Morey on October 6 responded to the firestorm on Twitter, saying his views did not necessarily reflect those of the NBA or the Rockets.
The NBA also issued a statement:
"While Daryl has made it clear that his tweet does not represent the Rockets or the NBA, the values of the league supports individuals educating themselves and sharing their views on matters important to them," the statement read.
On October 7, Democrat and Republican lawmakers hit back over the NBA's 'shameful' response to Chinese backlash.
Some lawmakers came out in support of Morey and criticised the NBA for distancing themselves from the league manager.
"As a lifelong @HoustonRockets fan, I was proud to see @dmorey call out the Chinese Communist Party's repressive treatment of protesters in Hong Kong," Republican Sen. Ted Cruz of Texas said on Twitter on October 7. "Now, in pursuit of $$, the @NBA is shamefully retreating."
Democratic Rep. Tom Malinowski of New Jersey slammed the NBA for "apologising" to China.
"And the #NBA, which (correctly) has no problem with players/employees criticising our govt, is now apologising for criticising the Chinese gov't," Malinowski tweeted. "This is shameful and cannot stand."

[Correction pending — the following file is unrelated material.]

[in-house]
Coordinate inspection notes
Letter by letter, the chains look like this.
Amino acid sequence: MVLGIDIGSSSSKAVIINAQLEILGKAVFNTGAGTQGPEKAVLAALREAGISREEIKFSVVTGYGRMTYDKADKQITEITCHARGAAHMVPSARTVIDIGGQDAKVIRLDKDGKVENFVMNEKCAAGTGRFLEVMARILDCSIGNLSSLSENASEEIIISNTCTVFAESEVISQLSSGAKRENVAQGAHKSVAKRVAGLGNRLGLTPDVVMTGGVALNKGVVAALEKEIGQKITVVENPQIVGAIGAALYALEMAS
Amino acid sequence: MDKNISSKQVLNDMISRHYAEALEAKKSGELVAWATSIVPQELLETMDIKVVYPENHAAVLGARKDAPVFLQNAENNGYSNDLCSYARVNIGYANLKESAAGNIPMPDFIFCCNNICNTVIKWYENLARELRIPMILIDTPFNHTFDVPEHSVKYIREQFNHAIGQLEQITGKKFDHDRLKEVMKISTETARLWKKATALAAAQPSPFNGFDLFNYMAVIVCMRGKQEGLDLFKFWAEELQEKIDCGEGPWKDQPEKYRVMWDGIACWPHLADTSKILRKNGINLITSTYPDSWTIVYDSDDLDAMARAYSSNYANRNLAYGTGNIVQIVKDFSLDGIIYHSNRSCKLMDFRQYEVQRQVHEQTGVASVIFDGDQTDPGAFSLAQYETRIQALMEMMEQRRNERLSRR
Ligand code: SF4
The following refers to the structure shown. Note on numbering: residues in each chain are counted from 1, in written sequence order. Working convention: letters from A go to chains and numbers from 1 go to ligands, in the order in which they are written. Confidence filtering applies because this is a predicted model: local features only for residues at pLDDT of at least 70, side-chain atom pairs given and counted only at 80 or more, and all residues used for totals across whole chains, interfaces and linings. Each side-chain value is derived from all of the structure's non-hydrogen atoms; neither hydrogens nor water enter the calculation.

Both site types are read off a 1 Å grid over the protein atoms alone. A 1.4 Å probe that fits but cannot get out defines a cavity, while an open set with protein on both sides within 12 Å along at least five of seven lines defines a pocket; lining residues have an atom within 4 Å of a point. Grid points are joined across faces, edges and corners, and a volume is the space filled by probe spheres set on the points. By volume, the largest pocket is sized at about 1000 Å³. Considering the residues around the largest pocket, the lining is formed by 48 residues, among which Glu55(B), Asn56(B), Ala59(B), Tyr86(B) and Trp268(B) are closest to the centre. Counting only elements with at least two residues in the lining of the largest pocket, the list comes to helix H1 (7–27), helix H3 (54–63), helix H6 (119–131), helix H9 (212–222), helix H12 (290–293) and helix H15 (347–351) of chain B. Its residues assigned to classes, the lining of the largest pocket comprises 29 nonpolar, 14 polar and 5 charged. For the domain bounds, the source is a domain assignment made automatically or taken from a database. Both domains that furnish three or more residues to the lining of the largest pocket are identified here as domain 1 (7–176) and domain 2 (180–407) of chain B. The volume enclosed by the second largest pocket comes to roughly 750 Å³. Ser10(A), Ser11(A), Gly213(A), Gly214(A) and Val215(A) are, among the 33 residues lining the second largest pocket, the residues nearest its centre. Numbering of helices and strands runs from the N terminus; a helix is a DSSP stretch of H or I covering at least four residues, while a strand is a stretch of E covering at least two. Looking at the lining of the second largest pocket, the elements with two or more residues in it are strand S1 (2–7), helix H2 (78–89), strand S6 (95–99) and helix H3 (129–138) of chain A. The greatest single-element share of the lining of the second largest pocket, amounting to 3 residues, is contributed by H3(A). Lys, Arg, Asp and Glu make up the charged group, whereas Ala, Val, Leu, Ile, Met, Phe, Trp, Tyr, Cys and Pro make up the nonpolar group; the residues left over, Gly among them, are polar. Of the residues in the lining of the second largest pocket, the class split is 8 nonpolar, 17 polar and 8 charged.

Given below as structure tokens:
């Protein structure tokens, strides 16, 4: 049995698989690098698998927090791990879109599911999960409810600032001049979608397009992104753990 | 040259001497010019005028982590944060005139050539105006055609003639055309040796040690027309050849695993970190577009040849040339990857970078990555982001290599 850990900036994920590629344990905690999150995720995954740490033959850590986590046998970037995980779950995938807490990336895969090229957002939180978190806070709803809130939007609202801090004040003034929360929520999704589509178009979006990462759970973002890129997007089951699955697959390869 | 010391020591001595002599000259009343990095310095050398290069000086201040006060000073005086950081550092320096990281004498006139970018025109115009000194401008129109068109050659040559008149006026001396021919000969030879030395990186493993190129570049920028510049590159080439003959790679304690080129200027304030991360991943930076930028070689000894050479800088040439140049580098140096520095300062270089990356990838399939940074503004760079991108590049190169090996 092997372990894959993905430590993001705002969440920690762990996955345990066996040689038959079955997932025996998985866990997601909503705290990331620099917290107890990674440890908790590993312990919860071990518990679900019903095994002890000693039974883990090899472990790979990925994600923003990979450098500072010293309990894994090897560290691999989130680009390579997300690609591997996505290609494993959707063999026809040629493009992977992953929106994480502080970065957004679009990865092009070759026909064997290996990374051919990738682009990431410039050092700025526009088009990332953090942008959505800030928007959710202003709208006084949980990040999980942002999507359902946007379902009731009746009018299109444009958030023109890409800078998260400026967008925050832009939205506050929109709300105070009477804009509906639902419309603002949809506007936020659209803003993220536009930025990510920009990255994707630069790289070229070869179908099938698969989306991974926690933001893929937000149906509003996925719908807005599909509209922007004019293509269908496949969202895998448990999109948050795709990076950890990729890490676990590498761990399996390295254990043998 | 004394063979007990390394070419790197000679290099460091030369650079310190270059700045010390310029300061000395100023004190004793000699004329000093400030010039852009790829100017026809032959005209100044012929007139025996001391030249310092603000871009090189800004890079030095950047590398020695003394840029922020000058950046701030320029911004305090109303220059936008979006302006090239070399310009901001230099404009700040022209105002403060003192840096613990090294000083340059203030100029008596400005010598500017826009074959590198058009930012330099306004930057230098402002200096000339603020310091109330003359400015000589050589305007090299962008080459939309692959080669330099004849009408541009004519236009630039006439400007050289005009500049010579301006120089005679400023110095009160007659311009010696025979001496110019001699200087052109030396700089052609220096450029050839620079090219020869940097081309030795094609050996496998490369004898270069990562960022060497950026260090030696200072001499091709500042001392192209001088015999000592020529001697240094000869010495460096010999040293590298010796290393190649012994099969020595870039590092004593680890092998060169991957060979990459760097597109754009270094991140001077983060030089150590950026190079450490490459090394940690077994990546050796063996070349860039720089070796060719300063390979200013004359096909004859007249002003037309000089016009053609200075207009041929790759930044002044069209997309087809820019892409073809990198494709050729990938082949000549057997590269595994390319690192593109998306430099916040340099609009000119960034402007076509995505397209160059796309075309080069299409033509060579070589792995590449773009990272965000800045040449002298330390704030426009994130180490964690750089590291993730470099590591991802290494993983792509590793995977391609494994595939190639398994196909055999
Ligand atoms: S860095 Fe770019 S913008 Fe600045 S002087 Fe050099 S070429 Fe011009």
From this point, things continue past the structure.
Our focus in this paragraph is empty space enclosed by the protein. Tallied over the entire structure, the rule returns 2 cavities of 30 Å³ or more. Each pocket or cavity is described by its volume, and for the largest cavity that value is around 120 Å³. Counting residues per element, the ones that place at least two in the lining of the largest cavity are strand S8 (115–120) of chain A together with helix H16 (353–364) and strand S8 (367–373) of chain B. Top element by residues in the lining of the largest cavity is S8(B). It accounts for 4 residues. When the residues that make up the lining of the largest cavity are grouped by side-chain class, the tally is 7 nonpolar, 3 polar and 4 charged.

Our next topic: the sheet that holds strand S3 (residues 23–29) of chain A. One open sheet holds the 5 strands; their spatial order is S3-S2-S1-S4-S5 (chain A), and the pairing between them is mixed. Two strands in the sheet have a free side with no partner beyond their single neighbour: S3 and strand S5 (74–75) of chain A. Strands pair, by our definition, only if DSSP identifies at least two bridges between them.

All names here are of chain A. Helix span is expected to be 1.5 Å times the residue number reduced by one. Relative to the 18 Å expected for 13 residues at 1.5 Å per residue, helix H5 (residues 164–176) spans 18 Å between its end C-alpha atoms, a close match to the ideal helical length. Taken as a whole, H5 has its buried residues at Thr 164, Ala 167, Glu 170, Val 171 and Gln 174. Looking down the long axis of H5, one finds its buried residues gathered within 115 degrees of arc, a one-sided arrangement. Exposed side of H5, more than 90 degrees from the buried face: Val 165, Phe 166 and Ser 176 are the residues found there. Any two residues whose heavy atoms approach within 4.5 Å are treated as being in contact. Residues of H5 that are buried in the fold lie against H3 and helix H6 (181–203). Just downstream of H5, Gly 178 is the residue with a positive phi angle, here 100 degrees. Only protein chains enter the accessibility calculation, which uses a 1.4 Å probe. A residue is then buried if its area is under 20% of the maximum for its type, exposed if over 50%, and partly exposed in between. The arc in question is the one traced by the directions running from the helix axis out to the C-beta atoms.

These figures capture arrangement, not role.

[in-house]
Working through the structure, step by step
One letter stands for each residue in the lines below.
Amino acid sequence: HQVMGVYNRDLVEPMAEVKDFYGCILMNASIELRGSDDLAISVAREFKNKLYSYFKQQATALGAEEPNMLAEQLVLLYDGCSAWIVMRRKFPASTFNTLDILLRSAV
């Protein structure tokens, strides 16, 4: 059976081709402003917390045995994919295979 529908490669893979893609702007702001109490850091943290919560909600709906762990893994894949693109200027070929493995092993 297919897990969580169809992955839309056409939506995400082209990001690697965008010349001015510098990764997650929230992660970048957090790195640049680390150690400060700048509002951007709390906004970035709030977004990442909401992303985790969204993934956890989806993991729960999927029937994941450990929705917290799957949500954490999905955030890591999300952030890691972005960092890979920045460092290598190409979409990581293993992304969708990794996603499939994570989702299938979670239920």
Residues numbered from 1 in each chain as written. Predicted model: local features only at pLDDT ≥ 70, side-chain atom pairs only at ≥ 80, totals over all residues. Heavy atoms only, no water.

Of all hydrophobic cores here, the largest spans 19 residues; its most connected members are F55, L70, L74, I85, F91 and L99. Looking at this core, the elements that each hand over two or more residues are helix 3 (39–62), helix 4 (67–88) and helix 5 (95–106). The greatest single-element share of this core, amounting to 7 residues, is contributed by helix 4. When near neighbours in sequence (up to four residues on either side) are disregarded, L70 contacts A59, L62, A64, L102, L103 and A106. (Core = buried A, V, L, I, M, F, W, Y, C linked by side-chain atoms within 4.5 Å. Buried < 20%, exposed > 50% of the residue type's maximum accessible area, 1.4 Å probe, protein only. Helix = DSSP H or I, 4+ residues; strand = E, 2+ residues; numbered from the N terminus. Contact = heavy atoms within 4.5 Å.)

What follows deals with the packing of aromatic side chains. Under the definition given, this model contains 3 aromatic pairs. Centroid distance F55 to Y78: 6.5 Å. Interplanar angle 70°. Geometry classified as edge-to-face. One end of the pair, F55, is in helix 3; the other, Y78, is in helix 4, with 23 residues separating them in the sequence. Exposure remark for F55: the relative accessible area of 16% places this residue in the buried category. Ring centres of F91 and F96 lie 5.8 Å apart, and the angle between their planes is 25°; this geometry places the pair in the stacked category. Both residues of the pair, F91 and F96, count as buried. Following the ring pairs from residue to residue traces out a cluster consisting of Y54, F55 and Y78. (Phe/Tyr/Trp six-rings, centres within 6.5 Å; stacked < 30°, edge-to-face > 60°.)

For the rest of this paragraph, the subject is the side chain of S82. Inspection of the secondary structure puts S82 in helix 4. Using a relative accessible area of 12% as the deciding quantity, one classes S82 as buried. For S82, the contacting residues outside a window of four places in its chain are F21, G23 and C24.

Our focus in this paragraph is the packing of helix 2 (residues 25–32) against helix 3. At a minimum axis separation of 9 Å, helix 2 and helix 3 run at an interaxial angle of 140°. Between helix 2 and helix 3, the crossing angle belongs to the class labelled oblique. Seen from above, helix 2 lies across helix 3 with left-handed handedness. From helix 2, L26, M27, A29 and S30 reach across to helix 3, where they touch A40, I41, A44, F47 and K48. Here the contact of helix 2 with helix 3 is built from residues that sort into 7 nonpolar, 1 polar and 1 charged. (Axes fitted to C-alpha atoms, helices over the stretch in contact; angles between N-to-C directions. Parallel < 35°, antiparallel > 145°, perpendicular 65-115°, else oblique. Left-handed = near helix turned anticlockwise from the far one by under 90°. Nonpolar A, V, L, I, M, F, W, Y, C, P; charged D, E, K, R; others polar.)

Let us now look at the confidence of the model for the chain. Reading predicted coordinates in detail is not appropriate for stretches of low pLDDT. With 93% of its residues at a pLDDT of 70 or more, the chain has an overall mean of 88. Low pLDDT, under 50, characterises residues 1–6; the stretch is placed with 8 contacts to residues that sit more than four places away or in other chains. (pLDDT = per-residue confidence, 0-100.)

The NBA issued another statement on October 8. This time, NBA Commissioner Adam Silver said the league would not "censor" players or team owners.
"The NBA will not put itself in a position of regulating what players, employees and team owners say or will not say," Silver said in a statement. "We simply could not operate that way."
"I do know there are consequences from freedom of speech; we will have to live with those consequences," he added. "For those who question our motivation, this is about far more than growing our business."
Following Morey's statement, Chinese broadcasters said they would stop broadcasting NBA games.
"Any speech challenging a country's national sovereignty and social stability is not within the scope of freedom of speech," CCTV said in its announcement that it would be halting all broadcasts of NBA preseason games.
Silver responded by calling the move "unfortunate."